The life of the Marquis de Sade
"I am about to put forward some major ideas; they will be heard and pondered. If not all of them please, surely a few will; in some sort, then, I shall have contributed to the progress of our age, and shall be content."
The Marquis de Sade - Philosophy in the Bedroom
Most people have heard of the Marquis de Sade. They think they have a fair idea about who he was, but they're not sure. They smile and remark that he's the guy that got sadism named after him. And sado-masochism. He is a myth. Toffeeman went to find the man behind that myth. Unfortunately he's been dead nearly two hundred years but he still found out some interesting stuff...
On June 2nd 1740 Donatien Alphonse Francois de Sade was born to Jean Baptiste, Comte (Count) de Sade, and to Marie-Elonore de Maille de Carman, Comtesse de Sade, a distant cousin of the royal Bourbon family. His mama was a maid in waiting to the Princess de Conde and little Donatien lived with them until he was four. After a fist fight over a toy with the young Prince de Conde, he was sent to live with his grand-mother and aunts, where he was doted on by all the ladies. Papa was absent most of the time because he was an ambassador in Bavaria. When Donatien was six his father decreed that his grand-mama and aunts were wielding too strong a feminine influence on the young lad. He was sent to live with his uncle, the Abbe de Sade, at his monastery near Avignon.
The Abbe was nobodies idea of a chaste man of the cloth, with his frequent meetings with mistresses and prostitutes. There was also the occasional orgy in the church grounds where priest, nuns, prostitutes and nobles commingled [it's a word] to partake of the most scandalous and debauched activities. Allegedly. The Abbe, as befitted a man of his position, kept a well stocked library upon who's shelves rested such educational titles as 'Book of Postures', 'Venus in the Cloister, or the Nun in Her Nightdress', and 'John the Fucker Debauched'. Donatien was free to read whatever he wanted, and starved of playmates his own age, he spent long hours in the library perusing books which, according to the French euphemism, "were meant to be read with one hand." But we're not saying that this caused him to be a raging pornographer and evil debaucher. It just seems interesting.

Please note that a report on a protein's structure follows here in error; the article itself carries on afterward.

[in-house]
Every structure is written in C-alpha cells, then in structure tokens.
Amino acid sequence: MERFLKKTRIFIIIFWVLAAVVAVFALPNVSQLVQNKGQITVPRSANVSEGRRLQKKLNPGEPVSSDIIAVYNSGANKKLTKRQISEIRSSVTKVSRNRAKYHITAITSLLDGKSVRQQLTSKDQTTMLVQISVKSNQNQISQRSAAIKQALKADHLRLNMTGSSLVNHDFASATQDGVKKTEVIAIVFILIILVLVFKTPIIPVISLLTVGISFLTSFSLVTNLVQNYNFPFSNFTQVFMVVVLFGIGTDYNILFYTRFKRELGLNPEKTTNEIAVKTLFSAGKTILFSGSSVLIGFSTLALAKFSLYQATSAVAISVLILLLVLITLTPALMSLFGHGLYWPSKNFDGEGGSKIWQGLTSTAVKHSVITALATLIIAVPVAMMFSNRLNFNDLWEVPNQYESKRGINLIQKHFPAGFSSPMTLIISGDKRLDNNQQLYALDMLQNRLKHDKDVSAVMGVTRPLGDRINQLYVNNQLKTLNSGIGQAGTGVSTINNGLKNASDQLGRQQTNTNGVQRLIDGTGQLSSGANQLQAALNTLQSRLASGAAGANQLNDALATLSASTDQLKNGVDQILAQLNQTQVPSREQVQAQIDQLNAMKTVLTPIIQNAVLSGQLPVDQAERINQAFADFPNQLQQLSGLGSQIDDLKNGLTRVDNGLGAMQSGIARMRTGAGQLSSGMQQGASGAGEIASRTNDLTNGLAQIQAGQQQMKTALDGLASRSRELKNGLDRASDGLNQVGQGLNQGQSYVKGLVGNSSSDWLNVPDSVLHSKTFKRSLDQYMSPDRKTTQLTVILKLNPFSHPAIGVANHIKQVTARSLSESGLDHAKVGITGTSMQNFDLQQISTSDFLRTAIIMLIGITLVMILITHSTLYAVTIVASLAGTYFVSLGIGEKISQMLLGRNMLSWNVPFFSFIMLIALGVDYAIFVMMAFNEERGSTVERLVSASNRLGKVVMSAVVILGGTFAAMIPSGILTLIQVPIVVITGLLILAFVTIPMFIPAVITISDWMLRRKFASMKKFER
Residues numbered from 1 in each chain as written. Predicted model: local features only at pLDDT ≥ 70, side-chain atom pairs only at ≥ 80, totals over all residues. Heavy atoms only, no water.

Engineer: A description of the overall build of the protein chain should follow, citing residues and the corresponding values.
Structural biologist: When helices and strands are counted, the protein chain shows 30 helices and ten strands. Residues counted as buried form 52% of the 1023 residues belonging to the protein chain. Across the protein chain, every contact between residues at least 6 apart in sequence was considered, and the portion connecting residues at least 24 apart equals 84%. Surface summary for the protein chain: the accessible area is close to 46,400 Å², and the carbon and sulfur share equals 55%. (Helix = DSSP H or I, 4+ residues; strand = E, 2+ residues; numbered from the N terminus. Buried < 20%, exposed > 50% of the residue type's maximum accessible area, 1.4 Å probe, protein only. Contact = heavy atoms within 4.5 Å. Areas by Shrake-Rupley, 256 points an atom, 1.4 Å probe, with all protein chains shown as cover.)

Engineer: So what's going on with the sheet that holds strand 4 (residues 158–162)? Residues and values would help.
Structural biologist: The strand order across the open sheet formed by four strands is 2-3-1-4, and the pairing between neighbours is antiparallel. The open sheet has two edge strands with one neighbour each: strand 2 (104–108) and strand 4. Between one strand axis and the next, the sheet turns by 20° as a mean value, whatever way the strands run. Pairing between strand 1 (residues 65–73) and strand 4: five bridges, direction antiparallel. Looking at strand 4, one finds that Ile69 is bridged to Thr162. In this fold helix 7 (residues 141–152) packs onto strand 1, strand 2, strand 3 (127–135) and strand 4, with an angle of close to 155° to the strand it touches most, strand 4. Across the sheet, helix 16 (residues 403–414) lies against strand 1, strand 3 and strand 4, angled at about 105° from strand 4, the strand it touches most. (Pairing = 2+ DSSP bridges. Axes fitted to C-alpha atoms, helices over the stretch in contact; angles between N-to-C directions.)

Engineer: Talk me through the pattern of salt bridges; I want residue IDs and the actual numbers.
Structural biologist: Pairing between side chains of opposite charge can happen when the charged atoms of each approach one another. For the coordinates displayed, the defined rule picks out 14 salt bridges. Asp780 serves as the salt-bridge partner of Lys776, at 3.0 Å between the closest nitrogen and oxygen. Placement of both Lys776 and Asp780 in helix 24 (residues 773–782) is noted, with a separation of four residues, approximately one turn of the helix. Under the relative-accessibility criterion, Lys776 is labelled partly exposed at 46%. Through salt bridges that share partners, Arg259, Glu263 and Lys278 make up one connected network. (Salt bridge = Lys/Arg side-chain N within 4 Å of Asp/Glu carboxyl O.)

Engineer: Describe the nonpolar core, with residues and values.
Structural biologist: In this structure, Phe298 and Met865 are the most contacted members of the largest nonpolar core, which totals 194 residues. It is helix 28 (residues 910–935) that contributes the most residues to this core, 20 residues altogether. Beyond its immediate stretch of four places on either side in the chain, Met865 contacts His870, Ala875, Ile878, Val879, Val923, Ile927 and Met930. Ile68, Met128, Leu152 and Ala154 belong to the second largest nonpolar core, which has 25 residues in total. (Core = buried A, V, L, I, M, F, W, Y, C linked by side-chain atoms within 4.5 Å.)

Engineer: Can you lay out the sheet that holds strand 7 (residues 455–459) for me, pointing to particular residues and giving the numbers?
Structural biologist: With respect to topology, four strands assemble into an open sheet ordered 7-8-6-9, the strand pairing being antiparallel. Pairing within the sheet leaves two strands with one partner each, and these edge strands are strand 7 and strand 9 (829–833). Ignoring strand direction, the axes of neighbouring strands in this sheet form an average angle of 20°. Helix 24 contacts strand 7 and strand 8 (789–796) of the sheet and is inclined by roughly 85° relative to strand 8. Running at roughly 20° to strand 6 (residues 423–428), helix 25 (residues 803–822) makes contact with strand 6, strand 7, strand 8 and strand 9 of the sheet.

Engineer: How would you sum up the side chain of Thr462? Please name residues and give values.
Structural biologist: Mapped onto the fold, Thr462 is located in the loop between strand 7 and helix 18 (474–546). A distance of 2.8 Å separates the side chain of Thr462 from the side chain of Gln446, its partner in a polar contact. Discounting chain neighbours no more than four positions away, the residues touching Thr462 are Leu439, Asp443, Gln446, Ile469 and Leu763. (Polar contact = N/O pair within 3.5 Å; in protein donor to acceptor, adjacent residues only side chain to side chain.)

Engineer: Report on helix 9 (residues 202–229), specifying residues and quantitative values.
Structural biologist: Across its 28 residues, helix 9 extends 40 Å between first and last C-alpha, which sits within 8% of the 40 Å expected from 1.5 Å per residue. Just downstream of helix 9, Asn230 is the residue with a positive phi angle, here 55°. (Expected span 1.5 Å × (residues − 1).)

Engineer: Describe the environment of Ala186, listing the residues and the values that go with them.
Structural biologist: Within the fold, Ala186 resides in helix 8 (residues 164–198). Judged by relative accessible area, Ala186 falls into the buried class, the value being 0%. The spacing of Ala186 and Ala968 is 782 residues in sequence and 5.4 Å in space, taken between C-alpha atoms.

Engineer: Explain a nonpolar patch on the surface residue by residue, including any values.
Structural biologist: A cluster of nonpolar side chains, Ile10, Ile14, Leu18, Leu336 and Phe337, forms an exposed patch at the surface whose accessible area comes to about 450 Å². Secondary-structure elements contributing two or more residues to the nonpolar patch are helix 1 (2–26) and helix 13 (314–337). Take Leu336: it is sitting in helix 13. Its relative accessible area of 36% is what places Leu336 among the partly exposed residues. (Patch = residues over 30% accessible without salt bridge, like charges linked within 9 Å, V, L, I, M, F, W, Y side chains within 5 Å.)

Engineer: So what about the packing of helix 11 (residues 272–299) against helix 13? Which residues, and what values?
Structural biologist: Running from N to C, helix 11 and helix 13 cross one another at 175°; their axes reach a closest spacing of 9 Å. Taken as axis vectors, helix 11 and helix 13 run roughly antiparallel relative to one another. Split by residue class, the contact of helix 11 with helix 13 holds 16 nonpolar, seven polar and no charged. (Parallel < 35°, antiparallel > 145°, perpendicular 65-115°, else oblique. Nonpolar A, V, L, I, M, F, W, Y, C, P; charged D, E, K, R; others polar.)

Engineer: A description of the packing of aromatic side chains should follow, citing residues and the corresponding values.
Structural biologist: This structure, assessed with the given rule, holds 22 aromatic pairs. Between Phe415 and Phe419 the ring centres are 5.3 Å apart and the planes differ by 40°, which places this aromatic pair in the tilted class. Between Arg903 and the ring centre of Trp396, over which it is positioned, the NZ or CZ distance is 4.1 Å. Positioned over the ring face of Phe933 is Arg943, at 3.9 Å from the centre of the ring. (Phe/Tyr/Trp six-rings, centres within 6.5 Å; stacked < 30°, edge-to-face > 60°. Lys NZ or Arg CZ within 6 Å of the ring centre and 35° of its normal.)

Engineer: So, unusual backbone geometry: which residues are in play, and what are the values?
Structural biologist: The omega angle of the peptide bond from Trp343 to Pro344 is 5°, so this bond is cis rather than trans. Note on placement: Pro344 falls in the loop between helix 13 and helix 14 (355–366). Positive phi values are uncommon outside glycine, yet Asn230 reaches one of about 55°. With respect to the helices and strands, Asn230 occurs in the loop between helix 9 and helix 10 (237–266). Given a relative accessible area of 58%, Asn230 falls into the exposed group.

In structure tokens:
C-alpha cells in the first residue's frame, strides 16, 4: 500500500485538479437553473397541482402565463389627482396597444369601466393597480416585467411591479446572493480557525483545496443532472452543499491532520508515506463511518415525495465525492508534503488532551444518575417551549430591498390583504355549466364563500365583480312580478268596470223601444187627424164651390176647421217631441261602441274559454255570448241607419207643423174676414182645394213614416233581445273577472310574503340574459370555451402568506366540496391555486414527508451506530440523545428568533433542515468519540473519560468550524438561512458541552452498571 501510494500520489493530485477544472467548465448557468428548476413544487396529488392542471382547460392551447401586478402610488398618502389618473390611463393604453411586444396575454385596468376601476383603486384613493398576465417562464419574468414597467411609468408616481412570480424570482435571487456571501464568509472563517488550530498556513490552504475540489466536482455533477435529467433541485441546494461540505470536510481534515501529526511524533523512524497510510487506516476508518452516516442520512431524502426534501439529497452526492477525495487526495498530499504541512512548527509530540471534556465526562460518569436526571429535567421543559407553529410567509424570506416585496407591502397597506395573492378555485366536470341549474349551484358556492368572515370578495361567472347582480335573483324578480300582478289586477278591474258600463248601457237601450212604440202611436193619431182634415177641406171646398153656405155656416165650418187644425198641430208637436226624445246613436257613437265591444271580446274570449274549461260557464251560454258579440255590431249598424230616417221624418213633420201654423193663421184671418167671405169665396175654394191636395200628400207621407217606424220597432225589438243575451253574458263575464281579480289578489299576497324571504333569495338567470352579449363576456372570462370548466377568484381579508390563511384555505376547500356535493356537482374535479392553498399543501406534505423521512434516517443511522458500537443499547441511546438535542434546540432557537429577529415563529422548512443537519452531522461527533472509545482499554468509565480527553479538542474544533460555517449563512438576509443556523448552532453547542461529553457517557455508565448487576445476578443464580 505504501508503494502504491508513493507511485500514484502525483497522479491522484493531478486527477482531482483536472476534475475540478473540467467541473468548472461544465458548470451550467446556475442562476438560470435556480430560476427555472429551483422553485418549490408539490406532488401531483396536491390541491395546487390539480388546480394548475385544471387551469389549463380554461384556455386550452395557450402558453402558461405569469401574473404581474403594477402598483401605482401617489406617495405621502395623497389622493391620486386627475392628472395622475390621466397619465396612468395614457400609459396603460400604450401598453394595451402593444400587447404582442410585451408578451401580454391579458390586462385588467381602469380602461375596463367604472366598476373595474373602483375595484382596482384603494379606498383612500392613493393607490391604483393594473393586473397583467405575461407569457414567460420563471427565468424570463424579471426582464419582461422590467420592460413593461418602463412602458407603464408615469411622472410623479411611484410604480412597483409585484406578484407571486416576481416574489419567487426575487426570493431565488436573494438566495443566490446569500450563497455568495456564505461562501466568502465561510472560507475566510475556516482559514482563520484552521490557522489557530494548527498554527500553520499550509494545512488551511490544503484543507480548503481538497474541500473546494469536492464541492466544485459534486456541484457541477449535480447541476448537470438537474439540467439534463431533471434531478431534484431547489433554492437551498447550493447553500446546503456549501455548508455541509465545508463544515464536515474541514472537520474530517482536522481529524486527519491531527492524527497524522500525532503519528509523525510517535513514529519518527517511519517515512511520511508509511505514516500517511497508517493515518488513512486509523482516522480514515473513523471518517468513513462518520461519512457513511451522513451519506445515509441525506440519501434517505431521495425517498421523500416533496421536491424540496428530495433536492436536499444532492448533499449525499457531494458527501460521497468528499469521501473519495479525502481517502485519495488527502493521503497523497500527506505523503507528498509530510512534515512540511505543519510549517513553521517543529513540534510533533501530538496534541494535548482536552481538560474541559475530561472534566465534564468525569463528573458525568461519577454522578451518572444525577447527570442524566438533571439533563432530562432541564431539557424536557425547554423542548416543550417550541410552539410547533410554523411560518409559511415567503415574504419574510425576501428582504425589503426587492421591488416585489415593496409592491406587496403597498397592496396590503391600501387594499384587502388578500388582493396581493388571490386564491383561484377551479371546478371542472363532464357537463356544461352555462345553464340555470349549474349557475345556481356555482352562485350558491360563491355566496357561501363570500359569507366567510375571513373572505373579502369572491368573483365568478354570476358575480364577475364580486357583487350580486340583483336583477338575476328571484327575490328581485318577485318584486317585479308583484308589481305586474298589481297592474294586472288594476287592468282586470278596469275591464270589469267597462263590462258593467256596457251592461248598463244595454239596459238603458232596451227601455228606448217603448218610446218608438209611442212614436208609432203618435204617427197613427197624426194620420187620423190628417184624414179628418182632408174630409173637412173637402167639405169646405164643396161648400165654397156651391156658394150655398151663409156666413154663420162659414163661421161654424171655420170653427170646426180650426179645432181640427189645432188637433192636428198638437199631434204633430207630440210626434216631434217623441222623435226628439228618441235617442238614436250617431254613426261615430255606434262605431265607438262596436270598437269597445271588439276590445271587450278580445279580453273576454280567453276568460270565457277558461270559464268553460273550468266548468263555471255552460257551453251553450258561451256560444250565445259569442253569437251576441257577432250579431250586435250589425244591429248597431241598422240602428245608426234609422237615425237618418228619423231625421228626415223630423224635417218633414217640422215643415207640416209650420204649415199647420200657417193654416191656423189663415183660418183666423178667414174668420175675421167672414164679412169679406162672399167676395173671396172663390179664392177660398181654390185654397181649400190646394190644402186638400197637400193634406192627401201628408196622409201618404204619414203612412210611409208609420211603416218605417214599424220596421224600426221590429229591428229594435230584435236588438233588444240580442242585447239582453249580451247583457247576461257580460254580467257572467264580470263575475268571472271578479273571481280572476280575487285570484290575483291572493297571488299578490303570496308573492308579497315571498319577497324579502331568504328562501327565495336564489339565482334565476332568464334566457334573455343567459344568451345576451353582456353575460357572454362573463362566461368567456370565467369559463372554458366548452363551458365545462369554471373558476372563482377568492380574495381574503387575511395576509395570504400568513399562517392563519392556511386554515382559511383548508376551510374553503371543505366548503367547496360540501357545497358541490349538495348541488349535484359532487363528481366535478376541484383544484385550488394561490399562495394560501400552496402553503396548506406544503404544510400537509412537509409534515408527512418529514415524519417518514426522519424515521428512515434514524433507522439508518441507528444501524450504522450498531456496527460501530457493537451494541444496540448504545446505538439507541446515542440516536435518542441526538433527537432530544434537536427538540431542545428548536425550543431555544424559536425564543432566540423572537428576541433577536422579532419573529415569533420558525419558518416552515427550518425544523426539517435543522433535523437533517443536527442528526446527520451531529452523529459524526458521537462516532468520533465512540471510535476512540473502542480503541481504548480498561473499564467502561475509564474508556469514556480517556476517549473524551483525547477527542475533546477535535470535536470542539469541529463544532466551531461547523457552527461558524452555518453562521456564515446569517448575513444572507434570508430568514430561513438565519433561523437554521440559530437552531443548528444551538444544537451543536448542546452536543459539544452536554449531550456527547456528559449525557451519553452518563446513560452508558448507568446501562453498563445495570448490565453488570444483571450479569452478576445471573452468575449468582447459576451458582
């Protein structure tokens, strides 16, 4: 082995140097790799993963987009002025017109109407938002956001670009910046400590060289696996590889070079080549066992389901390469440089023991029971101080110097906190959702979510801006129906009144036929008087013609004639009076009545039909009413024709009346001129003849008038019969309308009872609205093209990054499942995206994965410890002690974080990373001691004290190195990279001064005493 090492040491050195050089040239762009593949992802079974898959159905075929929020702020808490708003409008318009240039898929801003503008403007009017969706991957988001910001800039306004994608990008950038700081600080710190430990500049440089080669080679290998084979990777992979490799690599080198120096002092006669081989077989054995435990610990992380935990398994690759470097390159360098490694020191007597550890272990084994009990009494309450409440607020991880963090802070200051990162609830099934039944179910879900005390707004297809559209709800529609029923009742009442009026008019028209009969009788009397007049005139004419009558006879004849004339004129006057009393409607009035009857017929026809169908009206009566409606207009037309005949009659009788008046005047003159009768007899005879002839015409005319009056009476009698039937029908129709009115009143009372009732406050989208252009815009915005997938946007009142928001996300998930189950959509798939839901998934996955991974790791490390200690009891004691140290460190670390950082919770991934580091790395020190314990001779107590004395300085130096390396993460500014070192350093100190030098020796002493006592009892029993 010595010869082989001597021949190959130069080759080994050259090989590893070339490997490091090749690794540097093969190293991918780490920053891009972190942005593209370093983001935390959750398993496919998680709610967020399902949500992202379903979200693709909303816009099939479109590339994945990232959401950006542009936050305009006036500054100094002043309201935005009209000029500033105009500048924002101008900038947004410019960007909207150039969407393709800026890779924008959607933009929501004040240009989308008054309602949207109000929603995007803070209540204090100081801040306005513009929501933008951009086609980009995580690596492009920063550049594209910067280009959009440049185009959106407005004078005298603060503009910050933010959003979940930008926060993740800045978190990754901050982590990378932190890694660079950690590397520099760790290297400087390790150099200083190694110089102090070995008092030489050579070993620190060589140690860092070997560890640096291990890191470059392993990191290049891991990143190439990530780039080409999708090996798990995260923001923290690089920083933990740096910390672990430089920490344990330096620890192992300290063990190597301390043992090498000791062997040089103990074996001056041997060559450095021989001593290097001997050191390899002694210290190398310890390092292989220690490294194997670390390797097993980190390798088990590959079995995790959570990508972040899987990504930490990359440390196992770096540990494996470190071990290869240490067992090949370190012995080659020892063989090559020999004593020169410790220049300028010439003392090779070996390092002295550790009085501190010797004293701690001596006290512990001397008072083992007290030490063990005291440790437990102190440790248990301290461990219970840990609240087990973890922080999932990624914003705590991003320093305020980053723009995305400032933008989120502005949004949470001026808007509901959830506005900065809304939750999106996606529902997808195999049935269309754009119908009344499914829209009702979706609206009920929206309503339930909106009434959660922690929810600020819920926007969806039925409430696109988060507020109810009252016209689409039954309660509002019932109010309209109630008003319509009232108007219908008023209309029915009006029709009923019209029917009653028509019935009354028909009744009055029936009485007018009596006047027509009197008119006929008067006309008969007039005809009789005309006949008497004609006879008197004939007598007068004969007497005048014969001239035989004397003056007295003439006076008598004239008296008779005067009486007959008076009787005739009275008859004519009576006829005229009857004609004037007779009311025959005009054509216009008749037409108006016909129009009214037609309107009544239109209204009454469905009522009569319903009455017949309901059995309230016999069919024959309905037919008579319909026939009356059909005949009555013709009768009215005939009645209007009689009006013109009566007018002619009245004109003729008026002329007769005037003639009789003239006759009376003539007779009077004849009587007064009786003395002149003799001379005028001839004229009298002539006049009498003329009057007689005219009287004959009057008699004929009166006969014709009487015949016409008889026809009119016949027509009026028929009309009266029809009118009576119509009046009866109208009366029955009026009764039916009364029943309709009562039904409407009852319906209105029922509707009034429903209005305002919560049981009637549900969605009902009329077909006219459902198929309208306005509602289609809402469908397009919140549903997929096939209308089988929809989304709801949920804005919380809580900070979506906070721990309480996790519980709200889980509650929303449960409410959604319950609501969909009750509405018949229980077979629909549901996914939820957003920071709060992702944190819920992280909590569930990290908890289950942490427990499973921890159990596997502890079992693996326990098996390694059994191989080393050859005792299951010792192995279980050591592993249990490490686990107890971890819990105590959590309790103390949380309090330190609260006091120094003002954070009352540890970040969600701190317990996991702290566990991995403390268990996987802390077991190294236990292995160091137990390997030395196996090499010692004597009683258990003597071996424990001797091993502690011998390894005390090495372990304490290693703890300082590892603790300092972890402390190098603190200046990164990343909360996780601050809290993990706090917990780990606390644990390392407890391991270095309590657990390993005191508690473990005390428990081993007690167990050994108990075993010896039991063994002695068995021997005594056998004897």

At the age of ten he moved from Saumane to Paris, where he entered the College Louis-le-Grand, a Jesuit prep school for young men of noble blood. While the Jesuits were good teachers, they were no less worldly than the Abbe de Sade. Sodomy and corporal punishment were as common as scholarship and statesmanship at the college.
In 1755, at the age of fifteen, Sade entered the King’s light cavalry regiment. He soon saw action during the Seven Year’s War. He established himself as a fearless and decisive leader during the battle for the British fortress at Port Mahon. He was made a captain at the age of eighteen due to his bravery, charm and good looks. He also made a reputation for himself as a ladies man and there were rumours of unusual practices, but he didn't get in any trouble he couldn't get out of. In 1762, with the onset of peace, he returned to France and became known in society.
Despite the Marquis being in love with at least one other lady, Papa arranged a marriage to the Mademoiselle Renee-Pelagie de Montreuil. Though plain and dull, Pelagie was a rich and well connected woman. Her mother was especially influential in society and she and the Marquis got along swimmingly for a while until the Marquis got thrown in prison after an incident with two crucifixes, a collection of whips, some holy communion hosts and a talkative prostitute.
His well connected in-laws got him out but his mother in law sent an Inspector Marais to keep a close eye on the Marquis' activities. He continued to cavort with actresses and prostitutes, and made little attempt to disguise his unfaithfulness. The in-laws were pas impressed. In 1765 he headed for his ancestral estate of La Coste, near Avignon. He continued to misbehave and escaped punishment after a particularly nasty incident with a whip in 1768. French society at the time was fairly easygoing, and being of noble lineage he could pretty much cavort with whoever he wanted to, as long as he didn't cause a scandal.